Working for Instacart is a Sucker’s Game

The concept of shopping for groceries online to have them delivered to your house is a great one. In theory. You shop like you're buying anything else and hours later someone shows up at your door with the delivery. The problem: the people doing the work are getting paid table scraps.

Lured by the idea of "setting your own schedule" and "being your own boss", people who do this gig work are learning they are at the mercy of the algorithms put in place to determine pay. Shoppers for Instacart have had enough. 13,000 workers went on strike for Saturday the 16th to protest the changes.

Some shoppers are frustrated that despite Instacart’s $39 billion valuation, they feel it’s becoming harder to make a reasonable hourly rate on the platform. In the past, Instacart had a $10 minimum on earnings for each batch a shopper completed (batches can contain between one and three individual customers’ orders). But after founder and former CEO Apoorva Mehta publicly apologized in February 2019 for subsidizing this $10 minimum with shoppers’ tips, the minimum batch pay changed to $7 for full-service shoppers, who both pick the groceries and deliver them. 


Imagine earning $7 to not only buy someone's groceries but to load your car with their bags, drive to their house, then unload it at their doorstep. For seven dollars. Even if someone tips, maybe you tack on $10 or $15? Either way, you're making less than minimum wage by doing this work.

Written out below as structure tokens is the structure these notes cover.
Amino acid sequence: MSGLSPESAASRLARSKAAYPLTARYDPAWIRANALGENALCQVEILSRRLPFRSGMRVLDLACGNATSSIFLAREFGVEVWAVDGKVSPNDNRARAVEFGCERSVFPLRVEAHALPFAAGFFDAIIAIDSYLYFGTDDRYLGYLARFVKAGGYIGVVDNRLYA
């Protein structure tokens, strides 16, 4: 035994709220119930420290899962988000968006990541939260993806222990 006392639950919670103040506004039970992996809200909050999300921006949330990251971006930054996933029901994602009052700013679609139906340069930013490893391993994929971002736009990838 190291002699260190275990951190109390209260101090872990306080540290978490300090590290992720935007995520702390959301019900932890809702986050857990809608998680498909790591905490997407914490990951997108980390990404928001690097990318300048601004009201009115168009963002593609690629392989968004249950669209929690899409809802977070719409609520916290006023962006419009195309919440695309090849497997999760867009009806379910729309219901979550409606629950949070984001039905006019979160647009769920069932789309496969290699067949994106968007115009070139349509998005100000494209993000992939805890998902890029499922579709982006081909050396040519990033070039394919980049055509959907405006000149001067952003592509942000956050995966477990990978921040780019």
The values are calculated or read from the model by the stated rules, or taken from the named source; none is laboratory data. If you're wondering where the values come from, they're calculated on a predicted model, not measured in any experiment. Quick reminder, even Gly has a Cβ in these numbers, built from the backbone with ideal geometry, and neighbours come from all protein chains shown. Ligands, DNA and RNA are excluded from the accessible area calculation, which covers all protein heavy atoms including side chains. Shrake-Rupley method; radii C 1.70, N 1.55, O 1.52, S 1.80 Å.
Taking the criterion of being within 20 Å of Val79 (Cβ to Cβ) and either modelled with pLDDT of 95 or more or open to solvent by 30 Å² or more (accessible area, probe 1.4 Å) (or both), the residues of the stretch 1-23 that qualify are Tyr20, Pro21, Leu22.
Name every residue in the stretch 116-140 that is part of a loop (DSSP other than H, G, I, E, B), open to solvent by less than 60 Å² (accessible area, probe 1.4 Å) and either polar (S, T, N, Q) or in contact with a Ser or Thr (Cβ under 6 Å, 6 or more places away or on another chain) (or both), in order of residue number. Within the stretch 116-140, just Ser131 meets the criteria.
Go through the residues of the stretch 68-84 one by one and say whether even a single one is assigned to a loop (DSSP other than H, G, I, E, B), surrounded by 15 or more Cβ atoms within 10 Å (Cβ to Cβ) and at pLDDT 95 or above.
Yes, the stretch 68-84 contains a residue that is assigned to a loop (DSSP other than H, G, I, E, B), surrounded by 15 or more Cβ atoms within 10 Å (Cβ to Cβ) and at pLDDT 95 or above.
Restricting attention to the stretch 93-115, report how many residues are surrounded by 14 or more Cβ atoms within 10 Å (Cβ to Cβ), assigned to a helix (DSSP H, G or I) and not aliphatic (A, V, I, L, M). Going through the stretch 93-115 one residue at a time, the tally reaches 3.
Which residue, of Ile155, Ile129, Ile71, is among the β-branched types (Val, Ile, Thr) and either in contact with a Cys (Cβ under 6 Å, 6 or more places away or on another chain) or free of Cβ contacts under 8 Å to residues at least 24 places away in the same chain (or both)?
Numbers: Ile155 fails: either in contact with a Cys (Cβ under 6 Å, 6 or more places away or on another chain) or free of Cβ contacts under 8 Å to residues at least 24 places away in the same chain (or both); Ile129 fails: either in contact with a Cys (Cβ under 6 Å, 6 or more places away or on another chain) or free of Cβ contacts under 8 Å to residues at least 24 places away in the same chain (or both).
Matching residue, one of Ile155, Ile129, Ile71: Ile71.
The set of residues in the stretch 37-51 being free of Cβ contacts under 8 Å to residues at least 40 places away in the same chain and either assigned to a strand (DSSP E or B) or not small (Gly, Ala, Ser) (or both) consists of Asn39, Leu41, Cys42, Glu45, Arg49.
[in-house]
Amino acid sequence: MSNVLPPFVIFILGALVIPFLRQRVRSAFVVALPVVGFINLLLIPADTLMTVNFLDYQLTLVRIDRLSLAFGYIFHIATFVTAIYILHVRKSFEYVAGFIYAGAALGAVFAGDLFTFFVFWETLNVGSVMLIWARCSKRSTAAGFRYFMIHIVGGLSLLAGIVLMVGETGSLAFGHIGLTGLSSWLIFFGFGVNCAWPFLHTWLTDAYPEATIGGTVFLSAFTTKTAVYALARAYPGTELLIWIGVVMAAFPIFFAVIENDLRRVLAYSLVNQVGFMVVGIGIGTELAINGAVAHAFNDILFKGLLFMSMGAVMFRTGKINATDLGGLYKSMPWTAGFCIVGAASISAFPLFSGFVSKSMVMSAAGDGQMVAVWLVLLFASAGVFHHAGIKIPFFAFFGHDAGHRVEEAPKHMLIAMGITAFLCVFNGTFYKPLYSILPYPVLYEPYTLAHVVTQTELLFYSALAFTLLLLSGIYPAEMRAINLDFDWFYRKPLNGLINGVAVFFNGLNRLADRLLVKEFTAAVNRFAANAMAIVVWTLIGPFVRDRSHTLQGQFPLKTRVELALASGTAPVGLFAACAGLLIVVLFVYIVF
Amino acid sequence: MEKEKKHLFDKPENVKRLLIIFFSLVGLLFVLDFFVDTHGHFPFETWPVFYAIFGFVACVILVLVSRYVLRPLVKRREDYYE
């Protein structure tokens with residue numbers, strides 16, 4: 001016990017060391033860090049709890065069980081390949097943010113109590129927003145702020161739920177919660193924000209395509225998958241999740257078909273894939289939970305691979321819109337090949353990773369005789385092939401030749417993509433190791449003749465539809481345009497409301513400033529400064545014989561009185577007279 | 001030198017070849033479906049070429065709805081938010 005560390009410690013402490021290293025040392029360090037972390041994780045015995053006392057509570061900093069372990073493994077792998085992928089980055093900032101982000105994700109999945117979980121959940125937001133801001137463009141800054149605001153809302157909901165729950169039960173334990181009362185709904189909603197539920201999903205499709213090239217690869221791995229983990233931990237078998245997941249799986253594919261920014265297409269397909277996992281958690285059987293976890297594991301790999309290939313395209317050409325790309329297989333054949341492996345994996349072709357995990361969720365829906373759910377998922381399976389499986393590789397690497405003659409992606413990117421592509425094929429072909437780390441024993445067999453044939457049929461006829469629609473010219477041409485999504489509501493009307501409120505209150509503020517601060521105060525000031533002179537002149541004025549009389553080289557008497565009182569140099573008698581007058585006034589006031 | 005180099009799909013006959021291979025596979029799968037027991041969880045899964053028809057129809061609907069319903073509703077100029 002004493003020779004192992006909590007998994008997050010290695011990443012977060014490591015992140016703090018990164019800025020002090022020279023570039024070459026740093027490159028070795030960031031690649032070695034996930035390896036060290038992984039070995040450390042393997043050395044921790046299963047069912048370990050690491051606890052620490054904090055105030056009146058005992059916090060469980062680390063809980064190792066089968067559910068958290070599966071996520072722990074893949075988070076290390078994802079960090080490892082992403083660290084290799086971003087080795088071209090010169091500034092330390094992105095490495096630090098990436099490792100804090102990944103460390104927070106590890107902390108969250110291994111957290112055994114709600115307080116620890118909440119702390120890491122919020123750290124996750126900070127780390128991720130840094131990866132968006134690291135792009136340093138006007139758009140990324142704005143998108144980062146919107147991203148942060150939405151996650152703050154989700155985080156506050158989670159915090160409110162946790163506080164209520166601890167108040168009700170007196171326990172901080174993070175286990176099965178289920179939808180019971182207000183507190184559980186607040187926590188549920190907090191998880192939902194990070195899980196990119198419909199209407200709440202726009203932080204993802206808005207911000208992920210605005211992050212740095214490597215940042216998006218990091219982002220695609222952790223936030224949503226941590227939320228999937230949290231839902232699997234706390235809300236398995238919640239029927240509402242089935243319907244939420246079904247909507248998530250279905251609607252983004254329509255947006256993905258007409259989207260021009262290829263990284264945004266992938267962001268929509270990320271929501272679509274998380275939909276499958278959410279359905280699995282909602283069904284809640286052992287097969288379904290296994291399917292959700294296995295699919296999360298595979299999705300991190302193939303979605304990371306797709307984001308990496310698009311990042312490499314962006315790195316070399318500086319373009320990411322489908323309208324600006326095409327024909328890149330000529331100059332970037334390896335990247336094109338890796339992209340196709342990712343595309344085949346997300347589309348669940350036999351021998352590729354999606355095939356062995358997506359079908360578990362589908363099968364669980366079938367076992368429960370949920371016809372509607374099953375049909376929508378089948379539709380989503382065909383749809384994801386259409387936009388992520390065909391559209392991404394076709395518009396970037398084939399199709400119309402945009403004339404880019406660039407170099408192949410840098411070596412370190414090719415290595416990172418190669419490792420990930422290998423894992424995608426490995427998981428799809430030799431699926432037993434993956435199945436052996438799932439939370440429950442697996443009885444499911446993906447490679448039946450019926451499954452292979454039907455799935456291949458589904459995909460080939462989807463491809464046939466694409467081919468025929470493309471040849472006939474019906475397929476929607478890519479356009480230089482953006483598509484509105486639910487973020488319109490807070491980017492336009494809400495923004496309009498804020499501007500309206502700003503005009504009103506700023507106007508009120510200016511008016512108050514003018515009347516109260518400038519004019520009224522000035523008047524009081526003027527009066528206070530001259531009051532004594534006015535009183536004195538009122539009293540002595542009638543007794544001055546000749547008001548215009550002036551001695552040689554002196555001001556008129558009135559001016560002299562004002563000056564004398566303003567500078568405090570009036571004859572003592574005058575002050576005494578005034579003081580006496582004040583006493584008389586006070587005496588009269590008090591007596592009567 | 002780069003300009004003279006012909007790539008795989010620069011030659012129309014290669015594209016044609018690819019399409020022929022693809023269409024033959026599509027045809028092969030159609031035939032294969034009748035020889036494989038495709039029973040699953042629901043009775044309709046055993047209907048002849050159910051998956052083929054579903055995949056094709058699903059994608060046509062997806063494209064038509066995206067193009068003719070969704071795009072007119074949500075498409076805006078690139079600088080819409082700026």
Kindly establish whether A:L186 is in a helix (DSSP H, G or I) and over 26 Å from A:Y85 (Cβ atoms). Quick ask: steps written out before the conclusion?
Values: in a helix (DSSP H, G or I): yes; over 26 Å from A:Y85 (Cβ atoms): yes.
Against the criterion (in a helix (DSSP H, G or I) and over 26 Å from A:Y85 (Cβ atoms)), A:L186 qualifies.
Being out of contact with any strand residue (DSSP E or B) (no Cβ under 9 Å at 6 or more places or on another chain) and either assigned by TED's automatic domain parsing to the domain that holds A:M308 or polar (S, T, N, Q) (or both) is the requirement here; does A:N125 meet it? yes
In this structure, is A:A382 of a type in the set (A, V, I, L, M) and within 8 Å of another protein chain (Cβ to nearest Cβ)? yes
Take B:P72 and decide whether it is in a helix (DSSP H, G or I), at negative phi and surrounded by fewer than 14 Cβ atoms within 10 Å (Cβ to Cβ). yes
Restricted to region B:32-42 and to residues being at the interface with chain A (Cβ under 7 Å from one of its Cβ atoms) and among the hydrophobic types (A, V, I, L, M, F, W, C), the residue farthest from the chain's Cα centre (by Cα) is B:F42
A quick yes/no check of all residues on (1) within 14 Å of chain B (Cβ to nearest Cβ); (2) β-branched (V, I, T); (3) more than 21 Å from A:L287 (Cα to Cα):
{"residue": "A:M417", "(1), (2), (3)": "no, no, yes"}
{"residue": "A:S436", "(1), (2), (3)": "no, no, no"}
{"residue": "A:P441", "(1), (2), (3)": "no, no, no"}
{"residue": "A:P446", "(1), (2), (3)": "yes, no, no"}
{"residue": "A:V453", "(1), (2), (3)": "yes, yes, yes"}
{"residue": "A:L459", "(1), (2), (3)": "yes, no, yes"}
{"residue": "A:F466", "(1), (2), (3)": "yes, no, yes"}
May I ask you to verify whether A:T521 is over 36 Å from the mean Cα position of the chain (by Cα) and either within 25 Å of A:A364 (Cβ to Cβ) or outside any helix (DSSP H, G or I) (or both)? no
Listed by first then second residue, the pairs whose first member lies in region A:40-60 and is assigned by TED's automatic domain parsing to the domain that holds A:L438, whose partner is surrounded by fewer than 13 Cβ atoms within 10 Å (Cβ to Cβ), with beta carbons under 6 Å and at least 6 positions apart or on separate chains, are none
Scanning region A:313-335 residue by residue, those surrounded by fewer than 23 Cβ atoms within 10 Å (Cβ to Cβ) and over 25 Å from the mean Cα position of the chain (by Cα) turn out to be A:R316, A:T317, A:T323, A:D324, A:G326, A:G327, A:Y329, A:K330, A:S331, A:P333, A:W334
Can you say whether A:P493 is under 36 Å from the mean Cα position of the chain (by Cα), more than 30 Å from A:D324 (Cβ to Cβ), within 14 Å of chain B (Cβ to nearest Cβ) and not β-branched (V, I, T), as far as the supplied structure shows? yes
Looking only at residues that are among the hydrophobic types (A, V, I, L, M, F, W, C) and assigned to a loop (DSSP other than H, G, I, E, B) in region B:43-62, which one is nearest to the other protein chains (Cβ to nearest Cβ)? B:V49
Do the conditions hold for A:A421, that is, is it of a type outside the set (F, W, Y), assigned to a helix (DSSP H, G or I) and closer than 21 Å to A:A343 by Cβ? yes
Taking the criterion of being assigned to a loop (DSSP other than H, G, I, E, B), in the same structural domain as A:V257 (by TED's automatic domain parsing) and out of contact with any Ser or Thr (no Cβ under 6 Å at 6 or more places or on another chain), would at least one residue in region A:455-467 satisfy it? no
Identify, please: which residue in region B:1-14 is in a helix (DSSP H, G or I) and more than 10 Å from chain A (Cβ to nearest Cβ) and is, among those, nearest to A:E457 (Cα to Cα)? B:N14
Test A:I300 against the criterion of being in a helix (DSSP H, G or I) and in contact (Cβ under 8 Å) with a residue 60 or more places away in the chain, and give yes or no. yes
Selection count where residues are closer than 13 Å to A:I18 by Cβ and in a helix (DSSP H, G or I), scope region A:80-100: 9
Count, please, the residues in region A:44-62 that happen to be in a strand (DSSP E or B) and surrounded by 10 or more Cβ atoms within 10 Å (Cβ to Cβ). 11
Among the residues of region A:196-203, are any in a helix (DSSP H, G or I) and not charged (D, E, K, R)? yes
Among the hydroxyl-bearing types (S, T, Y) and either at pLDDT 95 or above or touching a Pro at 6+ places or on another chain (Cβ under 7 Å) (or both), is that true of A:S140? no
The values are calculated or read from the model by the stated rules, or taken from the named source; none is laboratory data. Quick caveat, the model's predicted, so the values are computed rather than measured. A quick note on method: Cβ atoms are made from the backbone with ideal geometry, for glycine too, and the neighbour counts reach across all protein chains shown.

People order without thinking of the implications of the person delivering the groceries. Ten 1-gallon jugs of water? Check. Someone living on a 2nd floor walkup? Check. Two or three bags of dog food? Check. Now think of doing that delivery order and being sent right back to the store once again to shop for another person who also does the same thing. Add on the fact that Instacart times workers as to how fast they're supposed to go AND each time a shopper has to stop to ask a customer a question, and you can see how this gets worse and worse of a deal. Don't forget the wear & tear on their car plus the cost of gas. None of that is compensated.

A company valued at $39 billion giving table scraps to its "they're not really our" employees. Awful.

Oh and for the record DoorDash, Uber, and Shipt all do the same thing. For a quick buck "gigging" for any of these apps may work on a daily basis. But on a (not very) long enough timeline it's the company who comes out ahead.